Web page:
Wednesday, June 12, 2013

It ain't what you do, it's the way that that you prove it.

You won't hear many compliance consultants say that it’s not enough to have policies, it’s not enough to have procedures, and it’s not enough to have a great client-care letter or Terms and Conditions or a complaint web-site. It’s certainly not enough to have good intentions. All of these  help. But to be successful, compliance must be an embedded part of your firm’s culture. A external compliance expert can't do that . . . only you, the COLP, can.

If this blog is posted on another site (other than colpandcofa.com), chances are that that there will be  compliance consultants urging you  to enlist their help in setting up your client care letters, Terms of Business, your file opening procedures, etc.  Whilst it's very tempting to try to outsource your compliance,  the best way of dealing with compliance is for the COLP  to require everyone to contribute to compliance and to be armed with a compliance management system.

Compliance management cannot be viewed as a set of simple evaluations, each having a binary “compliant” / “non-compliant” result. It must be possible for you to answer straight-forwardly “who”, “why”, and “how” questions about your risk registers and compliance plans. The SRA may ask for deep management information because they understand that compliance failures or problems are driven by constituent compliance components.

A point-in-time compliance management system for the COLP to complete that obscures result drivers does not serve its purpose. Most compliance technologies claiming to manage risk  policies, tasks, alerters, and  diaries are really just sophisticated ways of ensuring that  a process can be demonstrated. It is window dressing--or what I call ‘fig leaf’ technology.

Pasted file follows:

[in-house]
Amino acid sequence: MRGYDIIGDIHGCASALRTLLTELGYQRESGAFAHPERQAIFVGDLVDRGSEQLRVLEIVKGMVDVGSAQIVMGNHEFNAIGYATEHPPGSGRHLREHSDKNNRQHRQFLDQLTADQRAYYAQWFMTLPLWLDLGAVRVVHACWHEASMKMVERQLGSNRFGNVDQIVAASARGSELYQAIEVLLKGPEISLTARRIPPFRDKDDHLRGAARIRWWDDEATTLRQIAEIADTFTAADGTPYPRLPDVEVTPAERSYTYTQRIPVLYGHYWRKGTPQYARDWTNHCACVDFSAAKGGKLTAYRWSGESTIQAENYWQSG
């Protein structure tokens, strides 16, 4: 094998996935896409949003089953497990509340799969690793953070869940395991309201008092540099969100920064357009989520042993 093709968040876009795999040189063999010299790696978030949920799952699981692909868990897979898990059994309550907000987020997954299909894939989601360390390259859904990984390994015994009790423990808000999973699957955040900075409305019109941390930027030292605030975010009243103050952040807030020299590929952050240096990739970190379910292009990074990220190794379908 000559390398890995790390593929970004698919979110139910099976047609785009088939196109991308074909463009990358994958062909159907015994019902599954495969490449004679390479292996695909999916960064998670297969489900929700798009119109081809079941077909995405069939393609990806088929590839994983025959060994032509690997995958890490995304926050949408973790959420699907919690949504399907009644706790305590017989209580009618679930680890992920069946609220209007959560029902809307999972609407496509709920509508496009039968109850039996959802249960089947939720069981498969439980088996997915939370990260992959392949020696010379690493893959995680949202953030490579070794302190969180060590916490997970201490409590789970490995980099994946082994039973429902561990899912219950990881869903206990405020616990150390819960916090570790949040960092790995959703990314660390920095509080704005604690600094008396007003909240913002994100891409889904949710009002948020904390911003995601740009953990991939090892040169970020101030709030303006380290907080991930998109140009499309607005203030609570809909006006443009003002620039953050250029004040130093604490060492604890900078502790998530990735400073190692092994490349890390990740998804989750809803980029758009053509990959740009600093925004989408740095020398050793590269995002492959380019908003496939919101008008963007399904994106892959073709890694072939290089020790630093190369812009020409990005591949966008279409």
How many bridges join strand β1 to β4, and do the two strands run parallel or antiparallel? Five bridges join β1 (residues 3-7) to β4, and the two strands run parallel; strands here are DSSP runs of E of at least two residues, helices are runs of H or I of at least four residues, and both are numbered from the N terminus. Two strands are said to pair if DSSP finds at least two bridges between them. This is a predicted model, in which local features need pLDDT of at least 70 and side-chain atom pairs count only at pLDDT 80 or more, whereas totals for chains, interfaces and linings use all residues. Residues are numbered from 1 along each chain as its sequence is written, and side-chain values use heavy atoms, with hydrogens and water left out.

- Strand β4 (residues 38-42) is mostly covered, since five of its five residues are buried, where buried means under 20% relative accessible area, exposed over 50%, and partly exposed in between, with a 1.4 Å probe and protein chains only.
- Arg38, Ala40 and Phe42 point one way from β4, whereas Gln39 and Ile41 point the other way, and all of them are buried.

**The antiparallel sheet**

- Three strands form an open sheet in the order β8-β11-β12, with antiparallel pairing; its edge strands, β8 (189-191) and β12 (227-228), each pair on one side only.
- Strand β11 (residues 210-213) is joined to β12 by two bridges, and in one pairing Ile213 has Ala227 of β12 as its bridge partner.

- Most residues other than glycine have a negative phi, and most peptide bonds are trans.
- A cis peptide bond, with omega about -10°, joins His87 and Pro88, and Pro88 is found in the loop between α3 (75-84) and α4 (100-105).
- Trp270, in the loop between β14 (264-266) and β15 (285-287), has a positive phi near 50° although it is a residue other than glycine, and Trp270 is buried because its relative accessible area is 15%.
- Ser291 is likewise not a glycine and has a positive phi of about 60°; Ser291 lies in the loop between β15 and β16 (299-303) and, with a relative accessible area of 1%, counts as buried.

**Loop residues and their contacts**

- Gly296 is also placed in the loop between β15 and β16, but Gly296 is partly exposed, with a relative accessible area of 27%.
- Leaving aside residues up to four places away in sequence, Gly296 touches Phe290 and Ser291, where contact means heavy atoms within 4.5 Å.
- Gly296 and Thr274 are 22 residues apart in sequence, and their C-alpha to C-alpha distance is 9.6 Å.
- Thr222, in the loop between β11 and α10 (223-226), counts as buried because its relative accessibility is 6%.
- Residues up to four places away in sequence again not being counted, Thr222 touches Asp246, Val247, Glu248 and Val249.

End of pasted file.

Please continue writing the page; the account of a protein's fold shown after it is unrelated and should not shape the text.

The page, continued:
An effective compliance system will let you trace the factors that underpin overall compliance.

Systems like CLIENTCAREmonitor implement the Pareto principle, concentrating their efforts on identifying and managing 20% of genuinely high-risk matters--high-risk for claims, for money laundering and for compliance risk. Taken together, the system forces risk management into the day-to-day culture of lawyers and the firm as a whole starting with that pause for thought before a lawyer completes the on-line client-take-on checklist and file closure checklist. The culture is reinforced because the lawyers know that high-risk cases are notified to the COLP and MLRO via their own dashboard.

Real compliance includes controls and measurements with solid reliability whether they demonstrate desired results or results that are borderline or below target levels. And yes, these may highlight a material breach,  but at least you will be aware of it early!  It is better to know about a risk from the outset than to be surprised to learn the compliance system or culture is flawed after the SRA have their claws in you.

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